10/10/2016 Weekly Market Commentary
Was it good news or wasn’t it?
The U.S. unemployment rate ticked higher last week. The September jobs report showed the United States added 156,000 new jobs in September. That was 16,000 fewer than economists were expecting and 11,000 fewer than were added in August, according to Barron’s.
That doesn’t sound like good news, does it?
On the other hand, the report showed more people are working and looking for jobs. Also, wages increased so people are earning more. The Wall Street Journal wrote:
“The report – marked by a slight uptick in the unemployment rate to 5 percent – largely fit the narrative Fed Chairwoman Janet Yellen laid out for the labor market after the central bank’s September policy meeting. People are rejoining the labor force in search of work. Many of them are finding jobs, but not all…Ms. Yellen sees the return of workers to the job search process as a healthy sign.”
That sounds like good news, right?
The jobs report seemed to support the conclusion of The New York Times that there are two economic realities in the United States, “…healthy hiring and falling unemployment on the one hand, millions of economically sidelined Americans on the other…”
Uncertainty surrounding the jobs report caused U.S. stock markets to fall last week.
IS IT A CYCLICAL ROTATION? Economic growth may not be predictable, but it tends to follow a pattern that is known as a business or economic cycle. Periods of recession (when the economy contracts) are followed by periods of growth (when the economy expands).
Some companies and market sectors tend to perform better during economic expansions. They’re known as cyclical companies, and they make goods or deliver services – entertainment, automobiles, vacations, and so on – that people want to buy when they’re feeling prosperous. Generally, people feel prosperous during periods of economic expansion. Other companies are called ‘defensive.’ They offer goods or services – food, beverages, personal products, and so on – that people need regardless of their wealth or economic conditions.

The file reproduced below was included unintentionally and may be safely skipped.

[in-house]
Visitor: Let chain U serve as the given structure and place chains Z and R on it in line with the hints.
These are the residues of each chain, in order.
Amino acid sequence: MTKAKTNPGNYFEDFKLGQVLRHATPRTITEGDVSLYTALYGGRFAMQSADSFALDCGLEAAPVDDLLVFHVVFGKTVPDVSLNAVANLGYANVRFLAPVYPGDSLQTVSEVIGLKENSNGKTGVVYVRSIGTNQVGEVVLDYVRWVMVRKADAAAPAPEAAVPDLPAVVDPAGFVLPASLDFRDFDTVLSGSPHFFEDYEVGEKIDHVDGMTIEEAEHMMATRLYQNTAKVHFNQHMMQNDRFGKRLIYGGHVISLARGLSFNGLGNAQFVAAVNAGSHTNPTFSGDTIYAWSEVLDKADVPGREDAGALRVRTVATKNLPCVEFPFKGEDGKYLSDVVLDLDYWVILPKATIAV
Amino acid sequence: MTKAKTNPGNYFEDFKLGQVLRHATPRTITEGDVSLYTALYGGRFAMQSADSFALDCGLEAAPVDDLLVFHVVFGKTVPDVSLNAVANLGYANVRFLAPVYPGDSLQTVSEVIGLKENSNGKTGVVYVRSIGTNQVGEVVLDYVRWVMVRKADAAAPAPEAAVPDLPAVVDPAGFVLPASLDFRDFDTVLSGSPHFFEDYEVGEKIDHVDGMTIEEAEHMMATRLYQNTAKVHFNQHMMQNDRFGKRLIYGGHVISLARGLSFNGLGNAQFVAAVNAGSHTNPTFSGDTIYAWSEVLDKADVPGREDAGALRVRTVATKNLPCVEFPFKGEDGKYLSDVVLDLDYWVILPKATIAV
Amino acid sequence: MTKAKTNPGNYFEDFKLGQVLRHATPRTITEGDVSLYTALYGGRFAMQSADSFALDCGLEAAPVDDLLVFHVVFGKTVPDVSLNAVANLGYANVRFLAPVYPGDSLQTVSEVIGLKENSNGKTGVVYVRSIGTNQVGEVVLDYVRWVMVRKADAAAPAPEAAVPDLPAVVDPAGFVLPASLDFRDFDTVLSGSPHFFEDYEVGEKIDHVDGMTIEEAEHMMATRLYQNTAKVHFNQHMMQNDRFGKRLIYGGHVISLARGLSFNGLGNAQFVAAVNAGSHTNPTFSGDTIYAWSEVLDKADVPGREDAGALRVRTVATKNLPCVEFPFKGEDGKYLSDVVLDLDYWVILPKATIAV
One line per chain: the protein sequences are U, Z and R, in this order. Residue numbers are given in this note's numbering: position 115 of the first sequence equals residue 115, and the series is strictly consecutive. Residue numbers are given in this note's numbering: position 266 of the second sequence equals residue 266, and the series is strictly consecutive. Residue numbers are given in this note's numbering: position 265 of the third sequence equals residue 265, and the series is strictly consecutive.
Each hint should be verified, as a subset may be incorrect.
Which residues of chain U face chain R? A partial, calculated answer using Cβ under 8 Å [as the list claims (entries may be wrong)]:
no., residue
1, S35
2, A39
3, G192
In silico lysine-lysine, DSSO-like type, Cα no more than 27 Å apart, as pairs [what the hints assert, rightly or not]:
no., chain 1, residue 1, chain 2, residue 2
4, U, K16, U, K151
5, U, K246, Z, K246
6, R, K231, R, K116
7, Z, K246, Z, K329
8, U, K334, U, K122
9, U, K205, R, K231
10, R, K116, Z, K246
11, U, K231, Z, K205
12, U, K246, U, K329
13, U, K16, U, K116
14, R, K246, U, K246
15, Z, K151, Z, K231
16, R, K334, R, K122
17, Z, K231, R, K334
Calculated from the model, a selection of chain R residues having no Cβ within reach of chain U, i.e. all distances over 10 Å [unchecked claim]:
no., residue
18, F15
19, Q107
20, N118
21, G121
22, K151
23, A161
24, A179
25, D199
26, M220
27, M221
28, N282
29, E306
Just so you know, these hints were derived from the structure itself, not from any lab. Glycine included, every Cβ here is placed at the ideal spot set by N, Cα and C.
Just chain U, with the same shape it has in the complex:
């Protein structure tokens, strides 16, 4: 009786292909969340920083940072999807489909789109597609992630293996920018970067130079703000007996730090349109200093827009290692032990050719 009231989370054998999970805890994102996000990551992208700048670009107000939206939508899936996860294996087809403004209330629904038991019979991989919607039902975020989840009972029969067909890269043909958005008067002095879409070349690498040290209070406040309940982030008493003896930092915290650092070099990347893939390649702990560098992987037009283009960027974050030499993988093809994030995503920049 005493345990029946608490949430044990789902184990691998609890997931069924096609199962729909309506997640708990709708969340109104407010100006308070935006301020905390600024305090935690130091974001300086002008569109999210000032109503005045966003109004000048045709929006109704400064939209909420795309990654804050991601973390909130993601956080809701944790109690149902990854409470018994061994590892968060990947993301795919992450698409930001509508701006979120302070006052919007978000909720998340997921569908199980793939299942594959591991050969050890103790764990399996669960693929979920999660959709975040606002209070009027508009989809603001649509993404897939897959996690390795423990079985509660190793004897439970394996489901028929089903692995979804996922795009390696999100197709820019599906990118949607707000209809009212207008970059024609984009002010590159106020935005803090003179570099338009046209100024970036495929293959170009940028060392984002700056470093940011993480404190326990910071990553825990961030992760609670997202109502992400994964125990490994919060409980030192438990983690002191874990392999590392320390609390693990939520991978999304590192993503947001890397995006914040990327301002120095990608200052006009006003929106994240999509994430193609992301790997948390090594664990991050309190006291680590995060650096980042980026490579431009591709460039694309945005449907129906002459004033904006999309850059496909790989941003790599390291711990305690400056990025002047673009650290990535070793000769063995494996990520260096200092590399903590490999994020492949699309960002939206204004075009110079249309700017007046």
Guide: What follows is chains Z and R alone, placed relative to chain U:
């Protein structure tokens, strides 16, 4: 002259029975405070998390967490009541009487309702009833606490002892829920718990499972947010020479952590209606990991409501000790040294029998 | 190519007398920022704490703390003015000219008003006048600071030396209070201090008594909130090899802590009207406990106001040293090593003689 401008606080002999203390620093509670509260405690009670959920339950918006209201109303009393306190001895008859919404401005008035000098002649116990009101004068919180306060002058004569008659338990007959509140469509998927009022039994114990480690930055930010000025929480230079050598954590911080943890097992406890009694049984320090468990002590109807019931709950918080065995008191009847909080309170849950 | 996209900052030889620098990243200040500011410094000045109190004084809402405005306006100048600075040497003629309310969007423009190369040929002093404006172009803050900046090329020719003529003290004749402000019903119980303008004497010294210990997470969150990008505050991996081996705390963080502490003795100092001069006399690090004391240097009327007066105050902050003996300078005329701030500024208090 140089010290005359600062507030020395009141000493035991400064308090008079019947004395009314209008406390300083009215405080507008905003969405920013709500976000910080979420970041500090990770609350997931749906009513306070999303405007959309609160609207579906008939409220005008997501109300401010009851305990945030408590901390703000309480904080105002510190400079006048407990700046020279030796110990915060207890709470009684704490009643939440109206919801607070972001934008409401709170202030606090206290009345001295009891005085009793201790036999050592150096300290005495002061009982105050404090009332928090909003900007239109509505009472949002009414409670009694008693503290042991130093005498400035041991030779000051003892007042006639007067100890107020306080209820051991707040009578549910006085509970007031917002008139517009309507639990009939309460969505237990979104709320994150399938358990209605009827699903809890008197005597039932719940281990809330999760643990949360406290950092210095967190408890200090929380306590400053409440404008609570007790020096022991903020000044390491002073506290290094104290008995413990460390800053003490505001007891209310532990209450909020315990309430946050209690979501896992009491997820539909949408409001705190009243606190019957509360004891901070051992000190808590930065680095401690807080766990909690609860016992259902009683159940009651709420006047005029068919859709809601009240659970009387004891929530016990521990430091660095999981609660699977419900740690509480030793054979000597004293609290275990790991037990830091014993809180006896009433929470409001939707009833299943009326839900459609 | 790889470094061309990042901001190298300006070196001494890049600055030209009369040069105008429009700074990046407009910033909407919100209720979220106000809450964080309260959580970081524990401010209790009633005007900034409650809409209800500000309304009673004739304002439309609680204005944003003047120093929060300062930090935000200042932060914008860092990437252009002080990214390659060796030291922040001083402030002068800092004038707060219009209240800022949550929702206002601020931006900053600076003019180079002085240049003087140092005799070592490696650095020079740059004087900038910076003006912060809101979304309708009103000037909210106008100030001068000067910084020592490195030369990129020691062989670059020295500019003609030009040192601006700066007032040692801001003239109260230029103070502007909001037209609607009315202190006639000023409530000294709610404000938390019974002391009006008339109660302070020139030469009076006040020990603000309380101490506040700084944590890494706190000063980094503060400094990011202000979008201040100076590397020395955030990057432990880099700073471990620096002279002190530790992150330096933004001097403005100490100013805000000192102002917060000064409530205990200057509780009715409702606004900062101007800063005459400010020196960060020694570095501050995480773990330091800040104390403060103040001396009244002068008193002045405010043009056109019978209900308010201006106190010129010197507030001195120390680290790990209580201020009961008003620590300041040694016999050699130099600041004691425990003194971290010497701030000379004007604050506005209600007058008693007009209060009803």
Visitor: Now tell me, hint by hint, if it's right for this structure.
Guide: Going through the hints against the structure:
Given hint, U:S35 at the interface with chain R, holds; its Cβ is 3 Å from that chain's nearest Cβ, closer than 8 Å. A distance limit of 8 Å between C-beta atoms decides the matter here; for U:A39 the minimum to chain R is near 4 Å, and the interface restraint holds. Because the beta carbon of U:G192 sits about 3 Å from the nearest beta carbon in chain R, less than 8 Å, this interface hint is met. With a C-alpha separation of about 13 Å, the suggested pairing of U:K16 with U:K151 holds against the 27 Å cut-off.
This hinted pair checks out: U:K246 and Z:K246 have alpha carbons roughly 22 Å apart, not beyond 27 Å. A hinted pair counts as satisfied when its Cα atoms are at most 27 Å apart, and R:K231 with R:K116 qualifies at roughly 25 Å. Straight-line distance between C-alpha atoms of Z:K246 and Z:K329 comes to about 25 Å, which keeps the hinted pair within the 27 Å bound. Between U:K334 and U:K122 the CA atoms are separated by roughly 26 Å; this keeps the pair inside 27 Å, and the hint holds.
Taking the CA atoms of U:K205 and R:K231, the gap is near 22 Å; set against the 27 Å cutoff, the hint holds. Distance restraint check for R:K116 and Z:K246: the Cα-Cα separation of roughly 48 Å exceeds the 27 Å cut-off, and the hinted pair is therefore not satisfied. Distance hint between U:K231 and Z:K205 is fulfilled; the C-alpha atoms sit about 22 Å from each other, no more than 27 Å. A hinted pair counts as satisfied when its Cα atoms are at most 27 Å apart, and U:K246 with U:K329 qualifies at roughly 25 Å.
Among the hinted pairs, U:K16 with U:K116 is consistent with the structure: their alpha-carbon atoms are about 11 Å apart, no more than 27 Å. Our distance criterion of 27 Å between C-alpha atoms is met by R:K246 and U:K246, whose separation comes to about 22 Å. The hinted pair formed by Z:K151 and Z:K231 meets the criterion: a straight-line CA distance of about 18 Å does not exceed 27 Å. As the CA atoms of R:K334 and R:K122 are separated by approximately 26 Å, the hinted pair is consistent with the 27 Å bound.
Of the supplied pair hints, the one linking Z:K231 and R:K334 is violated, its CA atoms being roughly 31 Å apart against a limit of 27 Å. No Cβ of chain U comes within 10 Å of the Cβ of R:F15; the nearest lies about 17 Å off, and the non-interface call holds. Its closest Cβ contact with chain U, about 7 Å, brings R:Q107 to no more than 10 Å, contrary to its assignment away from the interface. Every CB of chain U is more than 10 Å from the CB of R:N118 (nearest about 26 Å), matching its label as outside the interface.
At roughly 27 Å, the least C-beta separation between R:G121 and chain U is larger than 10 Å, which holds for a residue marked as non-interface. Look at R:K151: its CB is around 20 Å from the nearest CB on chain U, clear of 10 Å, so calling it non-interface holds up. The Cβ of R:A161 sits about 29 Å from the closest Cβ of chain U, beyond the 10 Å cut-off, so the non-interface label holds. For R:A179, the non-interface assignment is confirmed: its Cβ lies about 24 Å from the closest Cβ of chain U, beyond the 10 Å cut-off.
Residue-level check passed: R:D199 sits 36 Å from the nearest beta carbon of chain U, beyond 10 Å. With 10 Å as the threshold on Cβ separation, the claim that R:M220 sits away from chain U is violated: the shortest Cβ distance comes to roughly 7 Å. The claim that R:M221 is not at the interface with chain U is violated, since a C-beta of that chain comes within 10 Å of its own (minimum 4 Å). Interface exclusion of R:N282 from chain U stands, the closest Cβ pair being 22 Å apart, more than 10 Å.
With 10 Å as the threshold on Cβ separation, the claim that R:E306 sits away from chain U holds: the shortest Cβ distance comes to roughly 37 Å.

In recent months, we’ve seen what may be a rotation from defensive market sectors into cyclical ones. Financial Times explained the shift in U.S. markets:
“The shift signals investors are worrying about high prices for the defensive, dividend-paying stocks that were in heavy demand in the first half as worries over the outlook for the global economy dominated…Indications of a potential rate increase this year and hopes that economic growth was improving were making unloved, cyclical parts of the market look more attractive.”
If you look at returns for the first three quarters of the year, cyclical stocks and defensive stocks delivered almost the same performance. Through September 30, 2016, the MSCI ACWI Cyclical Sectors Index was up 4.8 percent and the MSCI ACWI Defensive Sectors Index was up 4.7 percent. The trend appears when you look at the numbers during the third quarter. During July, August, and September, cyclical sectors were up 8.2 percent and defensive sectors were down 0.7 percent!
It appears to be a cyclical rotation.
Weekly Focus – Think About It
“We know what we are, but know not what we may be.”
–William Shakespeare, British playwright
* These views are those of Peak Advisor Alliance, and not the presenting Representative or the Representative’s Broker/Dealer, and should not be construed as investment advice.
* This newsletter was prepared by Peak Advisor Alliance. Peak Advisor Alliance is not affiliated with the named broker/dealer.
*Because of their narrow focus, sector investing will be subject to greater volatility than investing more broadly across many sectors and companies.